Baron de Montesquieu



French Philosopher, Social Commentator, and Political Thinker

Born: January 1689

Related Publications: "An Essay on Taste" in the Encyclopédie of Diderot and D'Alembert

Art and Aesthetic Theory, briefly:

Montesquieu sought to distinguish from empirical observations, the reasons within the mind that make a work of art pleasing.

The first necessary condition he establishes is order.

"One of the highest mental pleasures," he argues in his "Essay on Taste," "is that which we receive from a consciousness of the extent of our views, and the depth of our penetration; but in a production void of order this pleasure is impeded; the mind, desirous to supply from its own ideas this want of regularity, is perplexed in the vain attempt; it's plan mingles itself with that which the author of the work had formed, and this produces a new confusion. It retains nothing, foresees nothing; it is dejected by the confusion that reigns in its ideas, and by the comfortless void that succeeds the abundance and variety of it's vain resources."

The painter then must, according to Montesquieu, paint his figures into groups and put an emphasis on what is central to the narrative so that the composition is legible to the viewer.


The second important element is variety

To be successful, a work of art must illicit a range of sensations, it must awaken the curiosity of the viewer and avoid at all cost to engender boredom and apathy. Yet, the artist must be careful to maintain order within the variety as to avoid chaos and confusion that would "fatigue the eye." Montesquieu admires Classic art and architecture, which, he believes, conform to these principles:

"The Grecian architecture, [as opposed to Gothic architecture] appears uniform; but as the nature, and the number also of it's divisions are precisely such as occupy the mind without fatiguing it, it has consequently that degree of variety, that is pleasing and delightful... The Grecian architecture, whose divisions are few, but brand and noble, seems formed after the model of the great and the sublime. The mind perceives a certain majesty which reigns through all it's productions."

Montesquieu advises the painter to "distribute the figures, that are to compose his work, into various groups; and in this he follows nature and truth, for a crowd is almost always divided into separate companies. in the same manner in every complex piece of painting we see the lights and shades distributed into large masses, which strikes the eye at a distance, before the whole composition is distinclty perceived."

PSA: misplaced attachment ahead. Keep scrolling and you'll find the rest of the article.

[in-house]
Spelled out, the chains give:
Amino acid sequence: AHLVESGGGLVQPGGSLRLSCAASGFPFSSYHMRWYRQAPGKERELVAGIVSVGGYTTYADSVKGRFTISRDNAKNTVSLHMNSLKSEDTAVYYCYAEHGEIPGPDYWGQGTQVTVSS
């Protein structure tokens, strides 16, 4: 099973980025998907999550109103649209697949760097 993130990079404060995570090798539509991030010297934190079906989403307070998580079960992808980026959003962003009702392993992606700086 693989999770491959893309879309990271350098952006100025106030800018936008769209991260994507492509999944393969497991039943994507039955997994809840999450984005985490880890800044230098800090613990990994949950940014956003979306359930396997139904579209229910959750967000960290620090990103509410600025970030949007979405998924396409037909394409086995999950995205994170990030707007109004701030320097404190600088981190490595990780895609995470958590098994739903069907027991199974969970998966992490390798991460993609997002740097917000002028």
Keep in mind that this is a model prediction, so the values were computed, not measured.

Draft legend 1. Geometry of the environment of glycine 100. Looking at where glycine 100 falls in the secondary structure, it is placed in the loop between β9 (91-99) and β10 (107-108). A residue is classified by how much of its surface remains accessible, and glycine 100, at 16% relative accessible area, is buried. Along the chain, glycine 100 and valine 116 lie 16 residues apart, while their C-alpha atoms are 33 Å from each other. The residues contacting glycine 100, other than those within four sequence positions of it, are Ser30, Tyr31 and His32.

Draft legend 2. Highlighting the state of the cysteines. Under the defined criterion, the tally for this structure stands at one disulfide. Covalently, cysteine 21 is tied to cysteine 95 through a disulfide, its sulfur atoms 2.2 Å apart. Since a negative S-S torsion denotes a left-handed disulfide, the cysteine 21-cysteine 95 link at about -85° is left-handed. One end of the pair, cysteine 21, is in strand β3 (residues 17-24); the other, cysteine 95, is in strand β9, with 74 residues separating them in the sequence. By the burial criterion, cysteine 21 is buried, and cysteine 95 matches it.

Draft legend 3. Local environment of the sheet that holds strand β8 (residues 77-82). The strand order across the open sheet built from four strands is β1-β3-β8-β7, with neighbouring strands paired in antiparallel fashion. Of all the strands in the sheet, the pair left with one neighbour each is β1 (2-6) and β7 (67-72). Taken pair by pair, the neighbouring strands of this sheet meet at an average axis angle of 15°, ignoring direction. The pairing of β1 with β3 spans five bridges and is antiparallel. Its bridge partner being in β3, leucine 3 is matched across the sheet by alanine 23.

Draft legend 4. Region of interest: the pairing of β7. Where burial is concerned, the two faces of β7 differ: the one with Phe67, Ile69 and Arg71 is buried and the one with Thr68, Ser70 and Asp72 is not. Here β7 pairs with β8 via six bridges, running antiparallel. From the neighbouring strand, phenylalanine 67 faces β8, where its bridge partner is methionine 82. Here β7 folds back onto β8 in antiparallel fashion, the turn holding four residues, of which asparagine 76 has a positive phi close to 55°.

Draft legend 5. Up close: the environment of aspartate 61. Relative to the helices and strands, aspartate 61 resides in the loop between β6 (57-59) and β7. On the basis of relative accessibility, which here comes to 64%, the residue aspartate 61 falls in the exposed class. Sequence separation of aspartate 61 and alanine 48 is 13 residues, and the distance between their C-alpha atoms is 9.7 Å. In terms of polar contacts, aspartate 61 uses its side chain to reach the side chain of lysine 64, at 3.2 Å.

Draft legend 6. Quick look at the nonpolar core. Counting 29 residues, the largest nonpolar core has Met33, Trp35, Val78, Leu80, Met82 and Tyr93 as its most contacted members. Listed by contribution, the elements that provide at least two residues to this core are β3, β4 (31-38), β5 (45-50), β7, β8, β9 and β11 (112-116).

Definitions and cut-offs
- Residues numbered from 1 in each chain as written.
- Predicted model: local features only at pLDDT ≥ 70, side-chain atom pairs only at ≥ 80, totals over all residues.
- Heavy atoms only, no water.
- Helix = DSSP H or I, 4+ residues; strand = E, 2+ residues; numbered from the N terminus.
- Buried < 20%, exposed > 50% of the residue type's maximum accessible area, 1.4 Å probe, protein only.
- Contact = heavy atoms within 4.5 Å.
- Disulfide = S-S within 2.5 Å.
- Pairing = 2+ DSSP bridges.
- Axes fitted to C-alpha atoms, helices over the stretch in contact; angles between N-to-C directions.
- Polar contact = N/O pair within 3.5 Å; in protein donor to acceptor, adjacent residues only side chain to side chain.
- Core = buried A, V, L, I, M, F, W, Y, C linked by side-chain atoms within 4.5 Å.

Symmetry is Montesquieu's third condition:

He argues that symmetry helps the mind to perceive objects and process them quickly. This facility and rapidity to comprehend the space around us is, according to him, one of the mind's great pleasures. Symmetry thus allows "upon a view of the one half of an object, to form immediately an idea of the whole."

Montesquieu cautions however that in some instances, when not used properly, symmetry can deprive the object of its variety. Thus symmetry must be used to temper for example an excess in variety.

Symmetry also makes the expereince of looking at a work of art more pleasing in that it contributes to satisfy a natural encline of the mind to look for scientific perfection and equilibrium. 


Finally, contrast is for Montesquieu the last component to a successful and beautiful work of art.

To explain it, he gives an example:

"One foot placed in precisely the same position as the other, or any two of the corresponding parts of the body placed exactly in the same direction, disgust a judicious observer, because this studied symmetry produces a perpetual and insipid sameness of attitude, such as we observe in the Gothic figures, which all resemble each other in this respect."

Contrast, he argues is found in nature and his pleasing aesthetic aspects come from physical pleasing aspects: as "stiffness and affectations" are "insupportable in the human form," they cannot be in the productions of art.